3/4 – 1 t. baking soda
1/2 t. salt

Wet mix:
1 c. turbinado sugar (or white sugar)
3/4 – 1 c. water
1/4 cup neutral-tasting oil like grape seed
1 T. apple cider vinegar (white vinegar works also)
1 1/2 t. GF real vanilla extract

  1. Preaheat your oven to 350 F.
  2. In a medium size bowl, whisk together the dry ingredients.
  3. In a larger bowl, whisk together the wet ingredients.  Let the wet mix sit for a moment to give the turbinado sugar a chance to dissolve. This is when I oil my pan.
  4. Add the dry mix to the wet mix and whisk until fully incorporated.
  5. Pour the batter into an 8″ round, oiled pan.
  6. Bake 25-35 minutes or until a toothpick comes out clean. Allow to cool for 10 minutes or so.

Blueberry Cardamom Breakfast Cake {gluten-free, vegan}

This cake is a year-round staple for us.  It is full of whole grains, dotted with plump blueberries and sweetened just right for a breakfast dish. My favorite part is the crunchy raw sugar top, and of course, the spicy warmth of the cardamom.

When it comes to vegan baking, especially cakes, I always err on the side of a dryer batter than a wetter one. A cake with too much moisture results in a sunken gooey mess which is impossible to salvage.

I love the rumpled irregular surface of this cake. It looks so old-fashioned and rustic, the lumps only add to its charm.

Dry ingredients:

  • 2 1/4 cups flour (for GF use – 3/4 cup millet flour, 1/2 cup brown rice flour, 1/2 cup sorghum flour (or more brown rice flour), 1/2 cup tapioca starch, 1 1/2 tsp. xanthan gum)
  • 2 teaspoons baking powder
  • 1 teaspoon baking soda
  • 1 teaspoon cinnamon
  • 1/2 teaspoon cardamom
  • 1/2 teaspoon salt
  • 1 cup brown sugar

Wet ingredients:

  • 1/2 mashed ripe banana (about 1/4 cup)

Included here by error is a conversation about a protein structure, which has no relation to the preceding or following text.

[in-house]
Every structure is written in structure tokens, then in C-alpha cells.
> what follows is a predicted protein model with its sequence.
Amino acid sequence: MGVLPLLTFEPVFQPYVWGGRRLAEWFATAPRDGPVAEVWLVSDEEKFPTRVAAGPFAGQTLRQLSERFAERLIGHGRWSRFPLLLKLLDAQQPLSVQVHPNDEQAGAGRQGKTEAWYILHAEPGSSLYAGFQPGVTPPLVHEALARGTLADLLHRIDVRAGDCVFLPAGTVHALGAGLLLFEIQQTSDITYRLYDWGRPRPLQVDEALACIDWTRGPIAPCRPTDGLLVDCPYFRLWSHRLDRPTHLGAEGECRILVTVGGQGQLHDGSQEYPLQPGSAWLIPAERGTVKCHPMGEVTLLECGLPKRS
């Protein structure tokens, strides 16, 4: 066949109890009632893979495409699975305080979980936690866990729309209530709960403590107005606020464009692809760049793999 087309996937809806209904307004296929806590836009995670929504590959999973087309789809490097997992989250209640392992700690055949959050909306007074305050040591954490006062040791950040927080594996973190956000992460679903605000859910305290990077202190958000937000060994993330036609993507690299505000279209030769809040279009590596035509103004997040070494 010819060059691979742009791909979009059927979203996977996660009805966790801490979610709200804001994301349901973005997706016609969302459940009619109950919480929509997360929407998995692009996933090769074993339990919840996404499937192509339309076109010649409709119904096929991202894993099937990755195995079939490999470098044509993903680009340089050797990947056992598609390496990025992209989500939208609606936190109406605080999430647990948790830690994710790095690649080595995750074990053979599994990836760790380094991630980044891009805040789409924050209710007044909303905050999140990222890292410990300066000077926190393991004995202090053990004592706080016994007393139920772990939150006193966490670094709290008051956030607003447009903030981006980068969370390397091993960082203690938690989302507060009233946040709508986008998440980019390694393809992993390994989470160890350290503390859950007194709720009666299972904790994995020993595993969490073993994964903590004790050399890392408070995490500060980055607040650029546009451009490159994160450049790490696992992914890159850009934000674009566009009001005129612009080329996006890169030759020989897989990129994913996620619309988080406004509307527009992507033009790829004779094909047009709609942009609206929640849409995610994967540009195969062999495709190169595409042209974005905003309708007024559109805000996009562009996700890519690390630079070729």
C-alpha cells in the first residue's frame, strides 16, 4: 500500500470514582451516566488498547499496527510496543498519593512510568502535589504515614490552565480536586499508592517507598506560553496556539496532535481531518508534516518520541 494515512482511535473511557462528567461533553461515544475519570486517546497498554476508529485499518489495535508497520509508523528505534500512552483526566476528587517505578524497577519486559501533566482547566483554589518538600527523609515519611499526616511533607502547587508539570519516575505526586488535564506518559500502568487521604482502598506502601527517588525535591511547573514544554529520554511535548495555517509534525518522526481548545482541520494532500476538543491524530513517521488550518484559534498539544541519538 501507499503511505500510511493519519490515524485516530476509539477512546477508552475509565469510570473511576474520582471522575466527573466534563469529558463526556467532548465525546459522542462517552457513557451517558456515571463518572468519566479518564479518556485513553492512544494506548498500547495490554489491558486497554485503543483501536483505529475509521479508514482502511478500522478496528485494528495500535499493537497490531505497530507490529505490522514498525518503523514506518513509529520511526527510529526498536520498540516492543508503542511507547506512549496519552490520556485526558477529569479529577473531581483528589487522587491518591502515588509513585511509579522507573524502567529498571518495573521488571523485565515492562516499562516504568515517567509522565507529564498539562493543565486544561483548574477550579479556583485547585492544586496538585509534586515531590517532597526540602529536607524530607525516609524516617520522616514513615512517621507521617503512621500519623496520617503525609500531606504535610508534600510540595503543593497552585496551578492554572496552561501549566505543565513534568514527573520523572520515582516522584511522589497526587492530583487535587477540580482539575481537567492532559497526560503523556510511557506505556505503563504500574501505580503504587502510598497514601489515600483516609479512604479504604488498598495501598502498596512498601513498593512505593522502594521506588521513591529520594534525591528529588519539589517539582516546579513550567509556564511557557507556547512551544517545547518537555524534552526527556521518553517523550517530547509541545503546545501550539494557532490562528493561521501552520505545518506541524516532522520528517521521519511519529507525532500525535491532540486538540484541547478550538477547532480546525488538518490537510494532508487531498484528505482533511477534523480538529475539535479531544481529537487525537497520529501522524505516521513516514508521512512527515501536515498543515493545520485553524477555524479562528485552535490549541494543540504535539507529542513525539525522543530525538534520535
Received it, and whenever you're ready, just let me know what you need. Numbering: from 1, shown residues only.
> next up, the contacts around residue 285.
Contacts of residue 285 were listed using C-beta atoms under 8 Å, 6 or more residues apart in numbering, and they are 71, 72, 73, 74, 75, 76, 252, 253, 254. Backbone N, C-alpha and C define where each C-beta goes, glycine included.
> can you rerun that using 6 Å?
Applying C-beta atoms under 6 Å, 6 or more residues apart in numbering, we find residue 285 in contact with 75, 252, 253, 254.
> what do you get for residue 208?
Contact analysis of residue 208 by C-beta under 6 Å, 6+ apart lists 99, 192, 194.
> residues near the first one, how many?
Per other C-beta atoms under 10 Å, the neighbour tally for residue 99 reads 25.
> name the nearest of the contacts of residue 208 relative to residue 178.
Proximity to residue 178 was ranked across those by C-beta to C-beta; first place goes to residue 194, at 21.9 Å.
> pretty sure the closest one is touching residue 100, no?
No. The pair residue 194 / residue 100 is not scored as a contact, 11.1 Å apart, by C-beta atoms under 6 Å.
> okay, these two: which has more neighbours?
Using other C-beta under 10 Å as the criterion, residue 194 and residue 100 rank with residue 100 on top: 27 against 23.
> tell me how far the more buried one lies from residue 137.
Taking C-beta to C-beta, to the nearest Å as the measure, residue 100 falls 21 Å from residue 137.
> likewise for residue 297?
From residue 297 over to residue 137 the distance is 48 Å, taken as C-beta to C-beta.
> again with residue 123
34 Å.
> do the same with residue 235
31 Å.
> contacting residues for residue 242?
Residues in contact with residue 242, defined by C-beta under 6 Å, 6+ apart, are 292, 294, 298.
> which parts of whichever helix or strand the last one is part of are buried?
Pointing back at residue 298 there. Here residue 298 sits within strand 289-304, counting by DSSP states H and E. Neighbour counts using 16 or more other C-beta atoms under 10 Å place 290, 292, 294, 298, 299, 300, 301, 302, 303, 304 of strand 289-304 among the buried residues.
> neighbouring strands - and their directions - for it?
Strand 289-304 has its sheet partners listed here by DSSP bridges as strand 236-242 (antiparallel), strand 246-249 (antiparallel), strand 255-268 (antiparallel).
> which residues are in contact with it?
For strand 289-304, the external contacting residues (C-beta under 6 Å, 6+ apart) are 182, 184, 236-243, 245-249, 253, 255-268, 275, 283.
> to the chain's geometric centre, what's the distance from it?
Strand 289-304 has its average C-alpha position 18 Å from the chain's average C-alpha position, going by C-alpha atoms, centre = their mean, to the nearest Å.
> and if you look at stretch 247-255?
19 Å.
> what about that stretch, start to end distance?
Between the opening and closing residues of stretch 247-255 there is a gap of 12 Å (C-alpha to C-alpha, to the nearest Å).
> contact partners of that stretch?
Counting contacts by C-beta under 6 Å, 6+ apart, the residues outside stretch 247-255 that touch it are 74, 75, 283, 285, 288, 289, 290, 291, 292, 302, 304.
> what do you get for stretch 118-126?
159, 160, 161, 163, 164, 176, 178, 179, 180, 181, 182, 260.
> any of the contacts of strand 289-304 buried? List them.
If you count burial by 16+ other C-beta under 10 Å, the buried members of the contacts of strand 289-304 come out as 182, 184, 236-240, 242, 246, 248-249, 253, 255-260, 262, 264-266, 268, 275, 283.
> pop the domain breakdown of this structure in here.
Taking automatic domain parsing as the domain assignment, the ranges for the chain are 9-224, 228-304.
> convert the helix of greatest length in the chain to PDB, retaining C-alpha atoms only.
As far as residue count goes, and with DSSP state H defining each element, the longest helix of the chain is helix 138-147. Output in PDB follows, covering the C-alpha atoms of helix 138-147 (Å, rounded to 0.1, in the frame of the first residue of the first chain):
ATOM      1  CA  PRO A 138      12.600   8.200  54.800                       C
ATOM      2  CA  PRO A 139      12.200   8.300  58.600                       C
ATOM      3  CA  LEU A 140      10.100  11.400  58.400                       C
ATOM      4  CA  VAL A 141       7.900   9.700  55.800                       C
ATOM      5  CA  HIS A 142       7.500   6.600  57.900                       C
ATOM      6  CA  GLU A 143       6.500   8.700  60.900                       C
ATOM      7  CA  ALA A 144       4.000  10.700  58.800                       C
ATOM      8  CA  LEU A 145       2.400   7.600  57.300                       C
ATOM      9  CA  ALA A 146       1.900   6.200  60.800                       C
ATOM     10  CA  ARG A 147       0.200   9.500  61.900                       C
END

• 1/4 cup butter or ghee, at room temperature (for vegans substitute – coconut oil, Spectrum organic shortening or vegan margarine)
  • 3 tablespoons canola oil
  • 2 tablespoons vinegar
  • 1 tablespoon vanilla
  • 1/2 cup warm water or milk of choice (rice, almond, cow)


  • 10 ounces fresh or frozen blueberries
  • 1 tablespoon or more raw or turbinado sugar

Preheat oven to 350 degrees.  Oil a 9″ round cake pan.

In a large bowl whisk together the dry ingredients. In a stand mixer combine the wet ingredients. Add the dry ingredients to the wet and mix until combined.

Fold in thawed and drained blueberries. Scrape batter (which will be quite thick) into the oiled pan. Sprinkle top of cake evenly with 1 tablespoon raw or turbinado sugar.

Bake 50 – 60 minutes until firm to the touch and a tooth pick inserted in the cake comes out clean. Cover the cake with aluminum foil if it begins to brown too quickly (40 minute mark for me).

* If you’re not gluten free omit the xanthan gum and substitute 2 1/4 cups all purpose flour for the gluten free flours, but I would highly recommend at least keeping the millet flour, because it really lends a unique and complimentary flavor.  If you go that route you only need 1 1/2 cups all purpose flour.